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4.0 out of 5 stars satisfying and disturbing, July 16 2014
Canadian first-time author Shilpi Somaya Gowda has written a compelling story that had me from the beginning. Born in Toronto, Canada, to parents from Bombay, India, she had insight and good understanding of both cultures. She mostly told the story from the perspective of three women - the adopted daughter, the adoptive mother and the birth mother. It was involved and interesting and hard to put down once I started reading.

I don't want to give away too much and spoil it for you, but for anyone who has adopted from another country, or is thinking about it, this book gives a different view of some of the things to take into consideration.

The characters are well-developed, their life situations are convincing and detailed, and the reader gets to share in the story of their lives over a span of twenty-five years. It was easy to care about them. In fact, I experienced a range of emotions as I read this international bestseller.

I liked how the author headed her chapters with not only the title, but also the location, date, and name of the person the reader was visiting in that chapter. Each chapter is only a few pages long which made it easy to read when having only a few minutes. It also helped the reader get oriented right from the start and occasionally helped the author step over a span of several years to move along in the story. It was well done.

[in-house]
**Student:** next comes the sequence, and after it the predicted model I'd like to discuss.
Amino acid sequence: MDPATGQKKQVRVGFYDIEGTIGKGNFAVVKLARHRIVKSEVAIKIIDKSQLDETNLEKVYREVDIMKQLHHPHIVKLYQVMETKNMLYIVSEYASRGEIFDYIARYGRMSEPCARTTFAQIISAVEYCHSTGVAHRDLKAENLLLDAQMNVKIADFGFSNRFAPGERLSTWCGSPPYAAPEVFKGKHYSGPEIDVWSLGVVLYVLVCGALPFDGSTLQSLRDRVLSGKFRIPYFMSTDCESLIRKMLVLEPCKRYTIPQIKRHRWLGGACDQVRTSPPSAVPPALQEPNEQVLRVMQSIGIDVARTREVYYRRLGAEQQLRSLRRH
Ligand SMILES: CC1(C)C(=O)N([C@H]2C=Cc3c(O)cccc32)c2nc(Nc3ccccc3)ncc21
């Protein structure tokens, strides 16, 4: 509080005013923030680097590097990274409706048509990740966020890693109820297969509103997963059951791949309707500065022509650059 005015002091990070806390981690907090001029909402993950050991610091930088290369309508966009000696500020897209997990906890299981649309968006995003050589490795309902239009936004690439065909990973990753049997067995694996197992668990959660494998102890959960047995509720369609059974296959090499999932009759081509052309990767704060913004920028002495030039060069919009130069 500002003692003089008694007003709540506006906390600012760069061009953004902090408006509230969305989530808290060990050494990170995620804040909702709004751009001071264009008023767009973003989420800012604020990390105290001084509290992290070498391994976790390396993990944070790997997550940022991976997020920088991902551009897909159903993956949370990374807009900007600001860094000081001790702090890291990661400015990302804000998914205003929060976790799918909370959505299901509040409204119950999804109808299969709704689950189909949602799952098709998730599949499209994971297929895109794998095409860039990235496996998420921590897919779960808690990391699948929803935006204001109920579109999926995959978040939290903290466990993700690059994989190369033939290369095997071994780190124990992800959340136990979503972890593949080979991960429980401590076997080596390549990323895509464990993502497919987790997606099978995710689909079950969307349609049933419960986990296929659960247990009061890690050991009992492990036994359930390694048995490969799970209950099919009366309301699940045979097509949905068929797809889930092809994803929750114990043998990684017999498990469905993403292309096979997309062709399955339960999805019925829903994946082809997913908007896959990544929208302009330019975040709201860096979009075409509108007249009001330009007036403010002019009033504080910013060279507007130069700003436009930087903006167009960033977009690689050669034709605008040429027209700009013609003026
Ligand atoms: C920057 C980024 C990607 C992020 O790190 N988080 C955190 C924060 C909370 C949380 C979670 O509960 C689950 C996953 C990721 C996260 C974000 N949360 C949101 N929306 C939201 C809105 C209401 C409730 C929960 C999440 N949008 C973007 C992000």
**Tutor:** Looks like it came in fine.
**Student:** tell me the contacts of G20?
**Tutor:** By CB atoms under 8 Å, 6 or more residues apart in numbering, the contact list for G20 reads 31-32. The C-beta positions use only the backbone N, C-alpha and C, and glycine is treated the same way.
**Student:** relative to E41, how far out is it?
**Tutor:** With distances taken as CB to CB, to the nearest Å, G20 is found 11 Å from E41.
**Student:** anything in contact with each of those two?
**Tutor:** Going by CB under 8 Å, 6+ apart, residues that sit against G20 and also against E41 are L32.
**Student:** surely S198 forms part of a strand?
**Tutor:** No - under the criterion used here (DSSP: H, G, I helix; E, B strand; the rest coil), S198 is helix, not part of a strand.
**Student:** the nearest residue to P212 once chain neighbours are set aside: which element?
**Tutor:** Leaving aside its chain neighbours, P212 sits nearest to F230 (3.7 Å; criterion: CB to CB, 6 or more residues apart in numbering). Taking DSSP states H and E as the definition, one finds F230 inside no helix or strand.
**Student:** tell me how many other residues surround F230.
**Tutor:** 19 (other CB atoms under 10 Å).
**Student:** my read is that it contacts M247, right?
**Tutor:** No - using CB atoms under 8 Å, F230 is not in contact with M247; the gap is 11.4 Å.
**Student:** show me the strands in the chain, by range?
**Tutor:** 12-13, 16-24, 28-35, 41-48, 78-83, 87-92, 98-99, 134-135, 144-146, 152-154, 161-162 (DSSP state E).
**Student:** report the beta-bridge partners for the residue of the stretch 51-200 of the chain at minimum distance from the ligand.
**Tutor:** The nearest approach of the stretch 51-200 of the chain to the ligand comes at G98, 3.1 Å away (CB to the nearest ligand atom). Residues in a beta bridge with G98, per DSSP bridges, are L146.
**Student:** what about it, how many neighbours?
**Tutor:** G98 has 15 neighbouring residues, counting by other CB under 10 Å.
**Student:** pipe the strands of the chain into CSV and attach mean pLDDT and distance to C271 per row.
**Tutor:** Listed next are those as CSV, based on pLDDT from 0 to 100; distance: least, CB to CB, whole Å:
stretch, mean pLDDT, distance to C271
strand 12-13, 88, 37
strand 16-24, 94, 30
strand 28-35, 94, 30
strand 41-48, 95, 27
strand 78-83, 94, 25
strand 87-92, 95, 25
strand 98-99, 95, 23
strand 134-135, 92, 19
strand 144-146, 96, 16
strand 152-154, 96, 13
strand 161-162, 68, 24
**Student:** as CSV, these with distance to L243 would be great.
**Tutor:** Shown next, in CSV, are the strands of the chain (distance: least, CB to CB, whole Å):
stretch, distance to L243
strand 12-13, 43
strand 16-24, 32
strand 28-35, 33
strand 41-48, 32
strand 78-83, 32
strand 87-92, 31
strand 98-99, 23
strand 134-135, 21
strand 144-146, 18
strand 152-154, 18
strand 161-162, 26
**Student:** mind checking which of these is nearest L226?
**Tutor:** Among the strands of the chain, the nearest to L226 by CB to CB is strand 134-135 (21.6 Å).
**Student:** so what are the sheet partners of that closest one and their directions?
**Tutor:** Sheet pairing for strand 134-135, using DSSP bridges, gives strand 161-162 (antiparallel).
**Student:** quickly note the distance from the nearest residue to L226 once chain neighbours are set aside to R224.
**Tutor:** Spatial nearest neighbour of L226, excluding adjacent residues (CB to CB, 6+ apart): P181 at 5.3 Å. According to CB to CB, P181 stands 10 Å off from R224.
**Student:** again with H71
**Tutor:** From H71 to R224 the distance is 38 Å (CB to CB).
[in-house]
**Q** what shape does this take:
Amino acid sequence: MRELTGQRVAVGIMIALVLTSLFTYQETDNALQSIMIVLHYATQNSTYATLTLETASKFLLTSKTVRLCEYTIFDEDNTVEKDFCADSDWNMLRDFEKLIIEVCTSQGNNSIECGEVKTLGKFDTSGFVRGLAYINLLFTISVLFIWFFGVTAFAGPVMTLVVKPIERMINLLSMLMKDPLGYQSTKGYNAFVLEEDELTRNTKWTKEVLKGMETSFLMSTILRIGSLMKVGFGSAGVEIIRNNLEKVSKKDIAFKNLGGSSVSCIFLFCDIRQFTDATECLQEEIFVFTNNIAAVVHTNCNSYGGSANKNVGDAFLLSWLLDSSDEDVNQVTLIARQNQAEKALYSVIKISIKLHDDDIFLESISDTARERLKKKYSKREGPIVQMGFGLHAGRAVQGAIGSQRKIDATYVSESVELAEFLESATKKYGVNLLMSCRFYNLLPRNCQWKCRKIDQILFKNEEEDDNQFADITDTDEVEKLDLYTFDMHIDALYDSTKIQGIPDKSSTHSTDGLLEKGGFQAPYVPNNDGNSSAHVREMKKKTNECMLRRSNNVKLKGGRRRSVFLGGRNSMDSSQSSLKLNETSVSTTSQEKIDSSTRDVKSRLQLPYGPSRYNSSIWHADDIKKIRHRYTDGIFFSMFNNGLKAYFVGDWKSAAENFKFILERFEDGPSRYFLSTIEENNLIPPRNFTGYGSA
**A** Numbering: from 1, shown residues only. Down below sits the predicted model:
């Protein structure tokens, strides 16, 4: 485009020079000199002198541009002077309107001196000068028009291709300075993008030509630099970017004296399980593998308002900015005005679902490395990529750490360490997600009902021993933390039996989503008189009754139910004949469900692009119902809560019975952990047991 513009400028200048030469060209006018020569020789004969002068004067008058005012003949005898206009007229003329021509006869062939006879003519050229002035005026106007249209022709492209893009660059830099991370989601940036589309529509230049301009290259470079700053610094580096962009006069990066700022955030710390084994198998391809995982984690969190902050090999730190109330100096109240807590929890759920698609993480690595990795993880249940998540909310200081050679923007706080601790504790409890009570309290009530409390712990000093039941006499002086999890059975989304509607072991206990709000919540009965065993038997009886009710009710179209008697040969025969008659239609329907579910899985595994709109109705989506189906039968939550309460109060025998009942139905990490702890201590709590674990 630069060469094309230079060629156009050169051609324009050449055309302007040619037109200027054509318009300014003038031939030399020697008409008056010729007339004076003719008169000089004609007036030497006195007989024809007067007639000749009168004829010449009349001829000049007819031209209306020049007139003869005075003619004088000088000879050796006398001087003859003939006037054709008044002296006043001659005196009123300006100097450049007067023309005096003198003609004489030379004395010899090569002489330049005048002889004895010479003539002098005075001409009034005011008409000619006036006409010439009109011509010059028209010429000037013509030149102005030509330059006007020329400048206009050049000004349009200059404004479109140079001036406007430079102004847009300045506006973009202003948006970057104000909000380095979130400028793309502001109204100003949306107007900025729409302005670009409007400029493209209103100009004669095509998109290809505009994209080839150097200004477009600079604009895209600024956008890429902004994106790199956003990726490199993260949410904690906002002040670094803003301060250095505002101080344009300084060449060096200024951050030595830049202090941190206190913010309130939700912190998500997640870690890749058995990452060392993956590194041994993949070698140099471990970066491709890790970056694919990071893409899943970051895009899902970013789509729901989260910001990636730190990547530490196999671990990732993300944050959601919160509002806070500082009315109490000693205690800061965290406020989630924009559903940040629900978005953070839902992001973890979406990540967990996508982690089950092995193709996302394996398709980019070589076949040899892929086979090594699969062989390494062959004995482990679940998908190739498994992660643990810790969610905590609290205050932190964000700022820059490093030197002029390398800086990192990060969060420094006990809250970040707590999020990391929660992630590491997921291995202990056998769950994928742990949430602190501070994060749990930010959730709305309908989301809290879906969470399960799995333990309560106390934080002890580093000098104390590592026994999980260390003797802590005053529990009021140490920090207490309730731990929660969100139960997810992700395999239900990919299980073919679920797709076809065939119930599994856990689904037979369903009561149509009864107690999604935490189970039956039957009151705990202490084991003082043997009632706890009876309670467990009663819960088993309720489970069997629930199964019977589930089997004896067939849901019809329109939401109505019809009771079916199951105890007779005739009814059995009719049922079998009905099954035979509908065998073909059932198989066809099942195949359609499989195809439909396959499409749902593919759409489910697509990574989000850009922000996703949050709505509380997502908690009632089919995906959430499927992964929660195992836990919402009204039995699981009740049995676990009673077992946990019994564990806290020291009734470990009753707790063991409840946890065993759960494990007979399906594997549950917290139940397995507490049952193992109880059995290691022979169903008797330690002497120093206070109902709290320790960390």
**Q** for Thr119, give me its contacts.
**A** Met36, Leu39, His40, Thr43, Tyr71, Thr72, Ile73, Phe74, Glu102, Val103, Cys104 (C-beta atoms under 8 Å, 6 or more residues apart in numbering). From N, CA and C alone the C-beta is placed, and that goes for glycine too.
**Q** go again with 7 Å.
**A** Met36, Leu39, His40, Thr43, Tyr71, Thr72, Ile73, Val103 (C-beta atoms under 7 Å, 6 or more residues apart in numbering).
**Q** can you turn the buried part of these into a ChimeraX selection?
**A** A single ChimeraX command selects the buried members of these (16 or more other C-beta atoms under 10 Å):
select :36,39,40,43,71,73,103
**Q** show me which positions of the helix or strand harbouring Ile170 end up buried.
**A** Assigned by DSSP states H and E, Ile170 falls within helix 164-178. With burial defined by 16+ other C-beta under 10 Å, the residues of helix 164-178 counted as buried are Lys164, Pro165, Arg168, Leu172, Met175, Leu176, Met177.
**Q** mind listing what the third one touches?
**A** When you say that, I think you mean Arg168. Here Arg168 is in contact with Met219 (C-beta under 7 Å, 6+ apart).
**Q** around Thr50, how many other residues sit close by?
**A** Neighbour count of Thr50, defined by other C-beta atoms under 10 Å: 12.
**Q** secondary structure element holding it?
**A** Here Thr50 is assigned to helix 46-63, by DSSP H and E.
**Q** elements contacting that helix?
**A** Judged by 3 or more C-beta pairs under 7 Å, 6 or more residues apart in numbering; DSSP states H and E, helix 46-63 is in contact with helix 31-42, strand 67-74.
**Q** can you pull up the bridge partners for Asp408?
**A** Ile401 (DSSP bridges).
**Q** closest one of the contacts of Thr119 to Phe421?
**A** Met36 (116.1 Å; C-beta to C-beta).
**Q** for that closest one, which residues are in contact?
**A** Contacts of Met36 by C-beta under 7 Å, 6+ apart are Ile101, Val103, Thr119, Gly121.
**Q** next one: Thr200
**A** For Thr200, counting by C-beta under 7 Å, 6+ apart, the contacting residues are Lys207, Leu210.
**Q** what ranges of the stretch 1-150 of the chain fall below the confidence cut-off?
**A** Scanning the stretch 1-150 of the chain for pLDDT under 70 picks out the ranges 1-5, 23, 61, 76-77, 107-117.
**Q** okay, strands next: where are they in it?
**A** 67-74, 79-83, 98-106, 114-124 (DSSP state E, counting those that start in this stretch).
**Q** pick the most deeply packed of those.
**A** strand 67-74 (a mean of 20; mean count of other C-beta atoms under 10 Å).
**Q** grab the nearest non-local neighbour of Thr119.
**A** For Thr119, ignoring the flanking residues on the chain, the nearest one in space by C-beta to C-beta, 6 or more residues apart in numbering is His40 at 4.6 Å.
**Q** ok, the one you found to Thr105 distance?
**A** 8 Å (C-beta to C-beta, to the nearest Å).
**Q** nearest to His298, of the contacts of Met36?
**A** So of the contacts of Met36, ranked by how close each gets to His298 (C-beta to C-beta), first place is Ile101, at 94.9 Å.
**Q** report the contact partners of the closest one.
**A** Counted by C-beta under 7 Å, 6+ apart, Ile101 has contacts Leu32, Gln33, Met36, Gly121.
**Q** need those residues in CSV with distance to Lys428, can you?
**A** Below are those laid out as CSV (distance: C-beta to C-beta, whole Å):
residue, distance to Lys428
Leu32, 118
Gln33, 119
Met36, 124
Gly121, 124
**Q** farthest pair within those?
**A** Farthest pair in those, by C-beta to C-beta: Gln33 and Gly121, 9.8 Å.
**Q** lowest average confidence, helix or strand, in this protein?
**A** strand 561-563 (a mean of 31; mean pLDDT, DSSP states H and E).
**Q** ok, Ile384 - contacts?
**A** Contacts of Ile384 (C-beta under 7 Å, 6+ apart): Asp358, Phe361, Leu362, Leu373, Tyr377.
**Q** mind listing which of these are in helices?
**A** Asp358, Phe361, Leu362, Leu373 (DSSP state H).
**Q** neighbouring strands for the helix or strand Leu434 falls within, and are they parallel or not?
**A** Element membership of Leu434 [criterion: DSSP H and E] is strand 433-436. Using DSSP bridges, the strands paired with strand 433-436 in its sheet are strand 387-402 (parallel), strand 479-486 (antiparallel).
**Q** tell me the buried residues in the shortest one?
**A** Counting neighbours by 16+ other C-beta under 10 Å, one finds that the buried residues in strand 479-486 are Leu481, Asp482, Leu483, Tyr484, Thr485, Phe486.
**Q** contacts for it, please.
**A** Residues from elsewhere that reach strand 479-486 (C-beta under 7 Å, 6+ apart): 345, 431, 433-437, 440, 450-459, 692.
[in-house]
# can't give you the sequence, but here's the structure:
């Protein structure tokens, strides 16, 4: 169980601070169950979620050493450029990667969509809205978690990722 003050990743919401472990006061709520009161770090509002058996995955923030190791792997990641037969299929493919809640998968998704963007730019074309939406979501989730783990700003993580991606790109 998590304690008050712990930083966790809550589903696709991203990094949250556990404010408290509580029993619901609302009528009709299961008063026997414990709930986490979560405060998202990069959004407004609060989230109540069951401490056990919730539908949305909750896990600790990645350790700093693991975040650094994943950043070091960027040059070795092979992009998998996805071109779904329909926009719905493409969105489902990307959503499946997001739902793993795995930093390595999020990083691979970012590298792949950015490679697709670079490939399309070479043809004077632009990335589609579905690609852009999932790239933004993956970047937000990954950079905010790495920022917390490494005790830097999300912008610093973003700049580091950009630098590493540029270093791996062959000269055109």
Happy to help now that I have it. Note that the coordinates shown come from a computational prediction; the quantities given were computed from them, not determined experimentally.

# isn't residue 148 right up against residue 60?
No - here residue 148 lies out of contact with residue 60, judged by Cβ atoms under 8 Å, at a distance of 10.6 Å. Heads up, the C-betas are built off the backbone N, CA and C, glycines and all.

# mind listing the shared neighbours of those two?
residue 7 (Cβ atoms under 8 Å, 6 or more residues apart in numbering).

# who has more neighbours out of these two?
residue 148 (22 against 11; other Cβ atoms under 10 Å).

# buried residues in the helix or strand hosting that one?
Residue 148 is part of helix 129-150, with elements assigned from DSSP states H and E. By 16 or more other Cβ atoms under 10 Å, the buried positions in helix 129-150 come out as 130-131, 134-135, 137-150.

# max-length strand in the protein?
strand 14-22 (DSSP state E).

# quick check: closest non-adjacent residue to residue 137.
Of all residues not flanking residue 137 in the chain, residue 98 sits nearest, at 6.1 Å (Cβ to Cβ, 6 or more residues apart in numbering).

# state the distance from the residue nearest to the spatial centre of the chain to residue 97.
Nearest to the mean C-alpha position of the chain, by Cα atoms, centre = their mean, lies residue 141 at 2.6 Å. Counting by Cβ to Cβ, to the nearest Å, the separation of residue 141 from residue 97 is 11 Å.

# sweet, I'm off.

The only thing I did not like is the way the author chose to end this novel, although it is quite believable the way it happened. Obviously the ending did not interfere with the book's success. Even so, if you are one who likes to read the end of a book first ... in this case DON'T! Please, do yourself the favour of not peeking. It is well worth the wait.

There has been criticism that the author ignored or changed some things about the culture of India to fit her story, but I don't agree. In a couple of places I had questions, too, but since I have never studied their culture nor have I visited that country, I accepted that perhaps it was something that is changing there with the times. I believed the author would know that, so I didn't let my lack of information get in the way of a great read.